Tom Dupré la Tour, Thomas Moreau, Mainak Jas, Alexandre Gramfort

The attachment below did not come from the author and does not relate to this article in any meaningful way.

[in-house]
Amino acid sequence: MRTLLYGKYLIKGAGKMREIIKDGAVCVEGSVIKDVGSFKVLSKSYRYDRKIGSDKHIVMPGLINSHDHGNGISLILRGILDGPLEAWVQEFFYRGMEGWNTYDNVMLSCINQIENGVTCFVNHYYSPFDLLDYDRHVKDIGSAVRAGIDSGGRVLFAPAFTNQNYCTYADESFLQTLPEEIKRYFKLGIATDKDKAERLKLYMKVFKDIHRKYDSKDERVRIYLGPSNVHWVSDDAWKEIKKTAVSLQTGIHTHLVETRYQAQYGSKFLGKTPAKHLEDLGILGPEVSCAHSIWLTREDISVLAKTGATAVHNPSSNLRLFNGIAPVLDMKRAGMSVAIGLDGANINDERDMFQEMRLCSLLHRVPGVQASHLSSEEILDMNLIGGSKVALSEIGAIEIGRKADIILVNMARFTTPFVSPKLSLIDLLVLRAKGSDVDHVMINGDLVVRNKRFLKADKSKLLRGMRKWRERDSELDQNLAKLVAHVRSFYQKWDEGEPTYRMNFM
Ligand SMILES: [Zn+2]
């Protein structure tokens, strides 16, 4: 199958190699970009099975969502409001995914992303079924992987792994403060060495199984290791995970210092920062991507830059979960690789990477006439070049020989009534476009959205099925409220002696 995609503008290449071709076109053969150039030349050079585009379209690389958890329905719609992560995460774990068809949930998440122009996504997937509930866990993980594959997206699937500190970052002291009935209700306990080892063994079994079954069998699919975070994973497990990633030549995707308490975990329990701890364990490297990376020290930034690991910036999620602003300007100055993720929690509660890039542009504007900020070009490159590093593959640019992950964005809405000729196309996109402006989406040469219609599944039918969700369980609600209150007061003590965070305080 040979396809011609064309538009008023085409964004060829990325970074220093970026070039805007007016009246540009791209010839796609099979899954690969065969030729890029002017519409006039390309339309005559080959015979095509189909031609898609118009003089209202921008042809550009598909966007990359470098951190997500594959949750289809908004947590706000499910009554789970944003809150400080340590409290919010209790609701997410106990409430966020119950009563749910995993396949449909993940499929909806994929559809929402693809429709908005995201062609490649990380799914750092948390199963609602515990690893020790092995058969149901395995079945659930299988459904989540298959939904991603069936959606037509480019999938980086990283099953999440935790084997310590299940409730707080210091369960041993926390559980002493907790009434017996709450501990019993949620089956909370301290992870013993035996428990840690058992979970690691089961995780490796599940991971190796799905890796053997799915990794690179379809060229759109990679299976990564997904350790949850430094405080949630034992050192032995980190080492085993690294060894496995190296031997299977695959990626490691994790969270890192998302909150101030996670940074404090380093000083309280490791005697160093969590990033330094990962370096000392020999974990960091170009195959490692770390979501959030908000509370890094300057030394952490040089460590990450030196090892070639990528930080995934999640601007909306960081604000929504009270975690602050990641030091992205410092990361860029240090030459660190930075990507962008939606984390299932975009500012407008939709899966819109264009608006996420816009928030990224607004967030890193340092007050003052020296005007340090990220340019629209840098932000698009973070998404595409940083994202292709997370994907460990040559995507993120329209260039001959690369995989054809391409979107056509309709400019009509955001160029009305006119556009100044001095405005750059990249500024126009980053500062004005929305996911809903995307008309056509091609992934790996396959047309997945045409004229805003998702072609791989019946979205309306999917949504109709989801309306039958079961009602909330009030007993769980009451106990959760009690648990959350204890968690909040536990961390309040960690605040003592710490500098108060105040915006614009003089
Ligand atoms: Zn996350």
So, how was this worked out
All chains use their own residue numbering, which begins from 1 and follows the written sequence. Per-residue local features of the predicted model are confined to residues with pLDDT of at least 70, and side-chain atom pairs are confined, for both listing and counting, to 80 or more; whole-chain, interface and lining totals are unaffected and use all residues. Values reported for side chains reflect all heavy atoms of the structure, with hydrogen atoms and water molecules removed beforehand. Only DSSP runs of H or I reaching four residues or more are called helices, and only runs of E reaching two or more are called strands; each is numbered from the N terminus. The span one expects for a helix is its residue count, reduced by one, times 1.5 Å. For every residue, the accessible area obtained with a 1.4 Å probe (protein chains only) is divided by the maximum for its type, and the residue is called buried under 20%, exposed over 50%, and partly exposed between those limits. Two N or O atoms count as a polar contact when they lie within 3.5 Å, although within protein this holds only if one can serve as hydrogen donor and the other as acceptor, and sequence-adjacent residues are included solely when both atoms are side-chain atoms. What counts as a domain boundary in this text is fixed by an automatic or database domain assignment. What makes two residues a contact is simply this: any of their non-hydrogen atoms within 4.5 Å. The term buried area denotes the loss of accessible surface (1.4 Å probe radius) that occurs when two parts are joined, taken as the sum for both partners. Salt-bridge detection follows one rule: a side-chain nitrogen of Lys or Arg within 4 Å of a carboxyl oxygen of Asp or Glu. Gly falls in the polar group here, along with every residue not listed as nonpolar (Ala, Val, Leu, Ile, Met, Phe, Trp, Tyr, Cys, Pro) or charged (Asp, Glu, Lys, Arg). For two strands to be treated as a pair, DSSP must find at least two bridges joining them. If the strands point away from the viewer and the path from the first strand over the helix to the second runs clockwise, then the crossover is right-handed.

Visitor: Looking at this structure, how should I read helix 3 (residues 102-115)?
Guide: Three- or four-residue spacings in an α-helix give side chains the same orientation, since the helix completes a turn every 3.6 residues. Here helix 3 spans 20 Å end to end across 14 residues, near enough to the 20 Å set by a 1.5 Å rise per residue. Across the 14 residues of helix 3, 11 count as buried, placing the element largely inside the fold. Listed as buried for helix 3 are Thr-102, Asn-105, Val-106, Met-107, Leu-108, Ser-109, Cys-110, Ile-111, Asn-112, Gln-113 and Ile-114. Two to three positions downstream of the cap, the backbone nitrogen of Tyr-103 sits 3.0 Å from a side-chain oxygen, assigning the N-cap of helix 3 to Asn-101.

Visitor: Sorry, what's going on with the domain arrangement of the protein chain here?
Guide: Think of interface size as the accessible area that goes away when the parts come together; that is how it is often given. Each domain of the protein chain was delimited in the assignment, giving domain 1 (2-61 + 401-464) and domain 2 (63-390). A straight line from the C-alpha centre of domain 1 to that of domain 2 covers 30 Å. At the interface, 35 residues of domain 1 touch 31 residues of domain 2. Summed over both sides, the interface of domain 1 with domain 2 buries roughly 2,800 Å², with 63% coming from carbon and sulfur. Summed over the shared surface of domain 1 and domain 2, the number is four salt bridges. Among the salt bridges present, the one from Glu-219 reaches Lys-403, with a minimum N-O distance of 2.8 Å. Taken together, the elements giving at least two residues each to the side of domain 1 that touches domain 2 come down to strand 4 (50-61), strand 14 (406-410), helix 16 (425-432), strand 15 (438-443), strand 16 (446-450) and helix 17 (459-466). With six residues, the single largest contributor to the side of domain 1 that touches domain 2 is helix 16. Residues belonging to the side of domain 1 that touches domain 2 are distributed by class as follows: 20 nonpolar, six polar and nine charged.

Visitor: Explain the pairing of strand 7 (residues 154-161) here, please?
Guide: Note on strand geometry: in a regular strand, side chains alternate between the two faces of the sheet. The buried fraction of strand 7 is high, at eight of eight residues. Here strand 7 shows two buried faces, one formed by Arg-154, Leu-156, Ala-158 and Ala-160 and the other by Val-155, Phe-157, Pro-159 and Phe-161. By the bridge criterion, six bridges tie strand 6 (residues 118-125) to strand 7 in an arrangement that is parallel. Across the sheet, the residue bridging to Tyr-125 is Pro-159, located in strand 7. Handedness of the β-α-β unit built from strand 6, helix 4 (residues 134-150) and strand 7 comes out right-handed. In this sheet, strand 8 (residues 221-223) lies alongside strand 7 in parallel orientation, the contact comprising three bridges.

Frequency-specific patterns of neural activity are traditionally interpreted as sustained rhythmic oscillations, and related to cognitive mechanisms such as attention, high level visual processing or motor control. While alpha waves (8--12\,Hz) are known to closely resemble short sinusoids, and thus are revealed by Fourier analysis or wavelet transforms, there is an evolving debate that electromagnetic neural signals are composed of more complex waveforms that cannot be analyzed by linear filters and traditional signal representations. In this paper, we propose to learn dedicated representations of such recordings using a multivariate convolutional sparse coding (CSC) algorithm. Applied to electroencephalography (EEG) or magnetoencephalography (MEG) data, this method is able to learn not only prototypical temporal waveforms, but also associated spatial patterns so their origin can be localized in the brain. Our algorithm is based on alternated minimization and a greedy coordinate descent solver that leads to state-of-the-art running time on long time series. To demonstrate the implications of this method, we apply it to MEG data and show that it is able to recover biological artifacts. More remarkably, our approach also reveals the presence of non-sinusoidal mu-shaped patterns, along with their topographic maps related to the somatosensory cortex.